Cat to a Hat

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Introduction: Cat to a Hat

About: Engineer by trade, amateur woodworker and author in the off-hours. Most commonly, I build flag boxes for retiring military members and occasionally gifts and furniture when the opportunities arise. Outside of …

To alleviate confusion, Cat to a Hat shows the full process of turning raw fiber (Ragdoll housecat and Merino wool) to crochet-ready yarn, and finishes with a sample project. Since there are multiple separate skills involved in the project, I've included links to some basic videos and tutorials if you'd like to learn more.

If you are one of the lucky humans who happens to be owned by a cat, then you know the joy they can bring along with the care and maintenance they require. Specifically for the fluffier ones, their coats need to be brushed and cleaned to reduce matting/knots/hairballs/etc. While tending to our pair of Ragdolls, I've often wondered what it would take to save and use their fur for a project.

More recently, we've gotten into Fiber Arts to include the fiber processing, dyeing, spinning and crocheting and I knew the time had come. I'll also mention that the yarn we made was cut with Merino wool which has much better holding properties than pure kitty fluff, but more on that later.

Supplies

Fluffy Kittehs
Brush for removing loose hair
~X oz of fur, plus XX oz of Merino wool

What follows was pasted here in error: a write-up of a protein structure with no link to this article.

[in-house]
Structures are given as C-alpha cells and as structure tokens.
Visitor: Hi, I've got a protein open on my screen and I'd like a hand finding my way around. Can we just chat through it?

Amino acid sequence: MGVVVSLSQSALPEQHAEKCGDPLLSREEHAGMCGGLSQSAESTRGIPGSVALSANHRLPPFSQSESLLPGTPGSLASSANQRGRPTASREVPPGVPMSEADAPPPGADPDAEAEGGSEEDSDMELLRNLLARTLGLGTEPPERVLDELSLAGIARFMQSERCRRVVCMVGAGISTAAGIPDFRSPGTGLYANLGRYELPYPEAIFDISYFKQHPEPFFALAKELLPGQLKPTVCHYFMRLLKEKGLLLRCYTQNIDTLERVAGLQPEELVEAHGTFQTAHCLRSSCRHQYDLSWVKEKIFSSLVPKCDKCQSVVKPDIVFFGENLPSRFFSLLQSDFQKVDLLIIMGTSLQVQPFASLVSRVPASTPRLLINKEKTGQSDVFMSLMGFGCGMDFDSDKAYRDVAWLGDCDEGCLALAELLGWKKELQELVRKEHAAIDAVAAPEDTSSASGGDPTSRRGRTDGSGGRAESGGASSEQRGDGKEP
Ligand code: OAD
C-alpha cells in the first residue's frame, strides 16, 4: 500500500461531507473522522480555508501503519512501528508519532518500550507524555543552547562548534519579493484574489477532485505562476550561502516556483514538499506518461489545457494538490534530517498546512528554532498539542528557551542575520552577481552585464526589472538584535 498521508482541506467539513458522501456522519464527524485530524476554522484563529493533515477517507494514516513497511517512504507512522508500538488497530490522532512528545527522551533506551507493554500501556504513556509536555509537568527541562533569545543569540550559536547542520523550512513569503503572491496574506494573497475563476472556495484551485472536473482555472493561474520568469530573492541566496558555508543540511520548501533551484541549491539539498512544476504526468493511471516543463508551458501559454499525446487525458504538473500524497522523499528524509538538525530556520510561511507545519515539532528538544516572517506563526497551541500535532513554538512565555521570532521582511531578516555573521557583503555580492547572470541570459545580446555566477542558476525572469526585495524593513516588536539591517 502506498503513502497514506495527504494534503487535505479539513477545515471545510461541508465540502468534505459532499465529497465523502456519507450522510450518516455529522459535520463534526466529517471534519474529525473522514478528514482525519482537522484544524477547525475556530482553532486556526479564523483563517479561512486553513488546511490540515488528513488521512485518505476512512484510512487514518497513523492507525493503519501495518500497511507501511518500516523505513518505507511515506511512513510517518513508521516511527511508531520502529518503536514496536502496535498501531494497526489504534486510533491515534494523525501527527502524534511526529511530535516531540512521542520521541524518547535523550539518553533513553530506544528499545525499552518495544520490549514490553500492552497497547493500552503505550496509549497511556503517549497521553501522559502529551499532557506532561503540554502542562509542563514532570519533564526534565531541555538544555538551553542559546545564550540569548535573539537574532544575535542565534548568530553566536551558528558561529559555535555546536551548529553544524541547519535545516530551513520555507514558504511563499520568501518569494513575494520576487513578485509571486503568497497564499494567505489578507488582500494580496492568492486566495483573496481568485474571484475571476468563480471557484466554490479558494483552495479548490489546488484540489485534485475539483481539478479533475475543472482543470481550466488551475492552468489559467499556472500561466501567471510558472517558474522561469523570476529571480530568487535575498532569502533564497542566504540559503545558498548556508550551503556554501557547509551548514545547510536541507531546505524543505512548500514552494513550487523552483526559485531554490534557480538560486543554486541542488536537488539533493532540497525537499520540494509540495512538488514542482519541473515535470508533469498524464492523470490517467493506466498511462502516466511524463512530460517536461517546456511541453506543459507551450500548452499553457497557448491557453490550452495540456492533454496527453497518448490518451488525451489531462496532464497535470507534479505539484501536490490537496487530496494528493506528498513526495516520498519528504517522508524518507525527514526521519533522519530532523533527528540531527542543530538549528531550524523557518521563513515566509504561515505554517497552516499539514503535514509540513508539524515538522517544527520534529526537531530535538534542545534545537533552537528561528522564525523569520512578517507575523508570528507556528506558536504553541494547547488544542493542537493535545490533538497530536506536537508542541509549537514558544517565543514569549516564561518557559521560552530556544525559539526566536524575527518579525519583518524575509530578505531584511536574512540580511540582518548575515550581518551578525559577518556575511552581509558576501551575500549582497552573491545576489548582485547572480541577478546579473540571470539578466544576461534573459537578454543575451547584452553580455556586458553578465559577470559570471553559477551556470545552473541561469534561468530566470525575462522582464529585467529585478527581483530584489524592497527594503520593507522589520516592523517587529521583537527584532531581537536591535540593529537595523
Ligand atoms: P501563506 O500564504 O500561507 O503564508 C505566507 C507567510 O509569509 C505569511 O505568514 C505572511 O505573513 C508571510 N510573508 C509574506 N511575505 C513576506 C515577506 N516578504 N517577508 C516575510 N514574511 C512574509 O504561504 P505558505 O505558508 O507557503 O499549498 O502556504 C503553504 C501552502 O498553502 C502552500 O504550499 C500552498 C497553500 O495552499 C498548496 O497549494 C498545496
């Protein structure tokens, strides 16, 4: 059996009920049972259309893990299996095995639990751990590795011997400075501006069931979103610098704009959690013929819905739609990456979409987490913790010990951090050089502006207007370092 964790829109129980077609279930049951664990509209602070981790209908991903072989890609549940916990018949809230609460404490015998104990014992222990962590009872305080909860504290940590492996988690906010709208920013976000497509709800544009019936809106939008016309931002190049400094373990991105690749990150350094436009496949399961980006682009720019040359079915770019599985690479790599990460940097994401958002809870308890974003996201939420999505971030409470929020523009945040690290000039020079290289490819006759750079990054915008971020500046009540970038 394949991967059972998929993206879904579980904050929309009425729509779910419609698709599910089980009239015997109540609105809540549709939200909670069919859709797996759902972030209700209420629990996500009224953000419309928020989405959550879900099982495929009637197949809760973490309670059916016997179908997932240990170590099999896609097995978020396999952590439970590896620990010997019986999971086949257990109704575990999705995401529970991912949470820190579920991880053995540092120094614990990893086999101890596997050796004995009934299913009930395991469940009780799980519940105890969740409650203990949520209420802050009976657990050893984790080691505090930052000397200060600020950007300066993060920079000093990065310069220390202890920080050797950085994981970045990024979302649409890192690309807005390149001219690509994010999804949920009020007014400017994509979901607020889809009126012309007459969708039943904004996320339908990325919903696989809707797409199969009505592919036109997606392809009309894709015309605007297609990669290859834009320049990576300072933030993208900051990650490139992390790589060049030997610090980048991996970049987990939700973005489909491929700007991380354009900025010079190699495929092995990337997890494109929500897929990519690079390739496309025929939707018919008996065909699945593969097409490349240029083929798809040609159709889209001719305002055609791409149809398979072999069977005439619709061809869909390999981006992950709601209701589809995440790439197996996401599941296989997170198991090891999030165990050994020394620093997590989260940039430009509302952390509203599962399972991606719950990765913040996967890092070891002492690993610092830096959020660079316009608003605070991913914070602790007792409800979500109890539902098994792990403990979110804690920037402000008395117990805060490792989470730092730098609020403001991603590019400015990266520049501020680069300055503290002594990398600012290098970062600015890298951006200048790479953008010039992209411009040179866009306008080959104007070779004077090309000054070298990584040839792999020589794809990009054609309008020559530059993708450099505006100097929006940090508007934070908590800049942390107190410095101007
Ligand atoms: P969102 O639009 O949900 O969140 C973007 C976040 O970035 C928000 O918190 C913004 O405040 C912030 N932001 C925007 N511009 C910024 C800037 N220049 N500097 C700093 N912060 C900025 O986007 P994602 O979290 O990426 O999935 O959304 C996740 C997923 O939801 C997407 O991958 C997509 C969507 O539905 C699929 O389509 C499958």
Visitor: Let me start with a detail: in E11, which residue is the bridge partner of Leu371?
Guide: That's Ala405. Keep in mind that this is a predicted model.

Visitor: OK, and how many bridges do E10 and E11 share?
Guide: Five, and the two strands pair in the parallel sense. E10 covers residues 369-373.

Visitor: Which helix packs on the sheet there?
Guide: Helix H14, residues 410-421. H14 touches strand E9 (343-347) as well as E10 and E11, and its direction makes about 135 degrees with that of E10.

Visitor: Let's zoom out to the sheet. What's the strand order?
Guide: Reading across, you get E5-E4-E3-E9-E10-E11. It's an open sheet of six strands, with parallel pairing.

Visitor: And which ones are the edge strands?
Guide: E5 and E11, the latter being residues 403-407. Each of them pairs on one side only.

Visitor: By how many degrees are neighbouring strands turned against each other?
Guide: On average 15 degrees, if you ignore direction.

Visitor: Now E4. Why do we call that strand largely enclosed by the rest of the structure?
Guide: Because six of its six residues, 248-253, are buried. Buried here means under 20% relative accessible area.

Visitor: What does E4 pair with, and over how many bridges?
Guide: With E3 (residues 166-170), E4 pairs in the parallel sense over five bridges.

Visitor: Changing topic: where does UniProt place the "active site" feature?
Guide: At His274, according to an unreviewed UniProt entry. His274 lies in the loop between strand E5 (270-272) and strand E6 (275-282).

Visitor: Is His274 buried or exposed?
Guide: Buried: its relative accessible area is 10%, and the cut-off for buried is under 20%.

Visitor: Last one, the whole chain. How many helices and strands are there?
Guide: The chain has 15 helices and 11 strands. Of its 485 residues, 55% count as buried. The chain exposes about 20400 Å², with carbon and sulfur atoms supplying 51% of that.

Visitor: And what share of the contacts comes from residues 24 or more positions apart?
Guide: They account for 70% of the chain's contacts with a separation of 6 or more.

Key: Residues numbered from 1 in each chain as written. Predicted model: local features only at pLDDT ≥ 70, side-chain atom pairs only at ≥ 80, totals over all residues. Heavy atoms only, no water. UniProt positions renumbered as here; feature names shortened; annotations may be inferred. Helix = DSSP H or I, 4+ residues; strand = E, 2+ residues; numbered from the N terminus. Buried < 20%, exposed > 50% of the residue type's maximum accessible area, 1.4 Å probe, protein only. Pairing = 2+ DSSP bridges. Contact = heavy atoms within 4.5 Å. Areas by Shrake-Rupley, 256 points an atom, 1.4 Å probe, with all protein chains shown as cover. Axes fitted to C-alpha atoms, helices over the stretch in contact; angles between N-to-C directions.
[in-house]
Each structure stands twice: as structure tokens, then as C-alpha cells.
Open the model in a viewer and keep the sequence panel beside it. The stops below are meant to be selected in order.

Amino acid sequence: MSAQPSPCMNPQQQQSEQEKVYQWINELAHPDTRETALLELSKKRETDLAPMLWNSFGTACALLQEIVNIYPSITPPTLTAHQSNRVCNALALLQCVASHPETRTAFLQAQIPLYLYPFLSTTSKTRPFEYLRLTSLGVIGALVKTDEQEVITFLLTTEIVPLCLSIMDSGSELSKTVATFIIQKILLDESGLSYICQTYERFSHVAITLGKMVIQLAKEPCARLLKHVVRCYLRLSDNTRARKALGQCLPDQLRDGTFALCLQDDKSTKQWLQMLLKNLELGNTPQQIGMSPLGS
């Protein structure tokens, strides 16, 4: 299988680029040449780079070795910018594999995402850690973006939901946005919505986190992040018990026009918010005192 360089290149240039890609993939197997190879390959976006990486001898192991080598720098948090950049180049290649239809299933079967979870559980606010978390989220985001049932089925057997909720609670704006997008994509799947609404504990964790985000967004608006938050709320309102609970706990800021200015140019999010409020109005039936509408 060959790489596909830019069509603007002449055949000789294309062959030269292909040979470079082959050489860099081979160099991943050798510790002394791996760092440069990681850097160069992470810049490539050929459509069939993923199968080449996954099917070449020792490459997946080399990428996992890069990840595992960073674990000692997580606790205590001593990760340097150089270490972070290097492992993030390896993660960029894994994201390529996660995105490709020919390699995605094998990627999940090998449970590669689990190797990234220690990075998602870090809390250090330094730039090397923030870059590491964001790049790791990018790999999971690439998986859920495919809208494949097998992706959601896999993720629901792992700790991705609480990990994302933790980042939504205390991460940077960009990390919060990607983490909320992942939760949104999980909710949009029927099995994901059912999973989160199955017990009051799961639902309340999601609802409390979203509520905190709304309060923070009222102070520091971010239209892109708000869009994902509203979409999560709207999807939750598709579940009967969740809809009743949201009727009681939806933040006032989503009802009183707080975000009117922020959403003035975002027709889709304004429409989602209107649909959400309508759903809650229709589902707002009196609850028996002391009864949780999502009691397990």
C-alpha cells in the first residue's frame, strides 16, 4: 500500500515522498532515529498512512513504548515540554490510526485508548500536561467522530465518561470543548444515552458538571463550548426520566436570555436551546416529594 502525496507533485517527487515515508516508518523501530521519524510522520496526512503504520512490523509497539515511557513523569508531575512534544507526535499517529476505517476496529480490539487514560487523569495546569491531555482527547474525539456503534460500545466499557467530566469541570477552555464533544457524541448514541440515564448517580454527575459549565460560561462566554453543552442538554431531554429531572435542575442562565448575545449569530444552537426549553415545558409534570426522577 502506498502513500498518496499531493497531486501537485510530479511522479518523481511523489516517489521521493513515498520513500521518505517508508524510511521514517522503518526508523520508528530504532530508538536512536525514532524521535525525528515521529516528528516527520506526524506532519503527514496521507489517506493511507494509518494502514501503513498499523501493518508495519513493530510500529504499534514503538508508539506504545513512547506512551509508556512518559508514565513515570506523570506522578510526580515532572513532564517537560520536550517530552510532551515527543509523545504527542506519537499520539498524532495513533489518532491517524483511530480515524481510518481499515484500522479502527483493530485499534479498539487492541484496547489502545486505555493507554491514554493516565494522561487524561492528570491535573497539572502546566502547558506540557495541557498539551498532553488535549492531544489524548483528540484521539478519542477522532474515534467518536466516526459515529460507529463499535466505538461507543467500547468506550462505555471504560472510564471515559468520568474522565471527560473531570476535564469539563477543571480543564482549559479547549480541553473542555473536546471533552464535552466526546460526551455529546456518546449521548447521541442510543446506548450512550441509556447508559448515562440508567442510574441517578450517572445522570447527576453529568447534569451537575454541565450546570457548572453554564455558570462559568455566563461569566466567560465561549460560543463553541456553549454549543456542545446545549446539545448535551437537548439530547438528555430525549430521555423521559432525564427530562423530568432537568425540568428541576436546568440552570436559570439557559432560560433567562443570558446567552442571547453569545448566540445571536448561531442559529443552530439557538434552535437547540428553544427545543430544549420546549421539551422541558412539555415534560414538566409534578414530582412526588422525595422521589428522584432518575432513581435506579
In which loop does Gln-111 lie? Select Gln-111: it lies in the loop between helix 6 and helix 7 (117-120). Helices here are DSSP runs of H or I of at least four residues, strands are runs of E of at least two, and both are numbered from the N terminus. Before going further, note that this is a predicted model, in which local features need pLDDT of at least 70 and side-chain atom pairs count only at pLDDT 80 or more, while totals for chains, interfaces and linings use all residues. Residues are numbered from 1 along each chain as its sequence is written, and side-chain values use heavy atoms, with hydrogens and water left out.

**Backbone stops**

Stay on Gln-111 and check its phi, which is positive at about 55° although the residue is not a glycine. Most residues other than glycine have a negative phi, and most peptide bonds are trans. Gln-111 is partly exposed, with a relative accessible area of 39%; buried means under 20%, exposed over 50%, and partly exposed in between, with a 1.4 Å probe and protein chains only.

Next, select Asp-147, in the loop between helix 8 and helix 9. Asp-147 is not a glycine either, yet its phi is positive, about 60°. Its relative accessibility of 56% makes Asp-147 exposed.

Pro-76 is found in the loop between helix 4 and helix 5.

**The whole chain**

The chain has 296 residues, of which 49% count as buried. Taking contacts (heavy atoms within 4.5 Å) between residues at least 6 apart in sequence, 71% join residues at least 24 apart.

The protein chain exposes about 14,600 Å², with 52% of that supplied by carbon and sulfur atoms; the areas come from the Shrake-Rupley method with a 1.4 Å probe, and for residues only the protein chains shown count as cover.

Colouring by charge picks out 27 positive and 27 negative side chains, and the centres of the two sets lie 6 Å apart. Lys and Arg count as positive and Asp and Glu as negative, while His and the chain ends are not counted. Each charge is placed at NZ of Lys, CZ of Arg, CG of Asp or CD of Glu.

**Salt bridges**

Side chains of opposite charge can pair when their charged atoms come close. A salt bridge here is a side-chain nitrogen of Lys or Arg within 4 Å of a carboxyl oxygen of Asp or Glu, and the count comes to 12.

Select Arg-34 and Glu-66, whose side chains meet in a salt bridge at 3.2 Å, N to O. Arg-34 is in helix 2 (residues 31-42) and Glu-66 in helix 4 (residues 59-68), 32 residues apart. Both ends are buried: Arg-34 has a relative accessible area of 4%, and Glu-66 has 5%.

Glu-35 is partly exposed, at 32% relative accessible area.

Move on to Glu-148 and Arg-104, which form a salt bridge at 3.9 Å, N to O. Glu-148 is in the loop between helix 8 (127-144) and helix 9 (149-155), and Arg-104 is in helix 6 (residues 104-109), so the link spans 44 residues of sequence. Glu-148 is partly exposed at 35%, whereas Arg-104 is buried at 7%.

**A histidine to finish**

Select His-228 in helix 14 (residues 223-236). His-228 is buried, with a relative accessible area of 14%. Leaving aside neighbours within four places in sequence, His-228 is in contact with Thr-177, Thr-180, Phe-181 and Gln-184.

Clothes washer/dryer

Wool Combs

Card for felting, or Drum carder

Spinning wheel or drop spindle

Crochet tools and pattern

Step 1: Hair Collection and Processing

There is significant variability in the length of yarn yielded from a particular weight of wool/hair, but I'll attempt a rough guideline:

The volume of hair collected by itself is not very useful, as it is mostly air. Therefore, most fiber products are measured by weight. Additionally, the finished yarn can change in length by the speed of the spinning, how tight you wind the fibers and the number of strands you combine together. The best advice to measure this is to practice your form and be consistent while spinning. You can then judge your own work as needed.

We ended up with 120 yards of double-ply kitty/wool from ~1 oz of cat hair and 2.5 oz of processed Merino wool. You can measure this with a simple digital kitchen scale.

Once you've collected enough hair by weight, it's time to wash it. Use a cheap colander and mild shampoo* to wash the batch of hair in a deep kitchen sink and dry it on a wool rack. At this point, it will resemble a pile of hairballs (ick), but they will be very clean, just matted up.

*For cat hair, any mild/baby shampoo will work. Specialized products (Unicorn Scour) are available for tougher fibers like wool.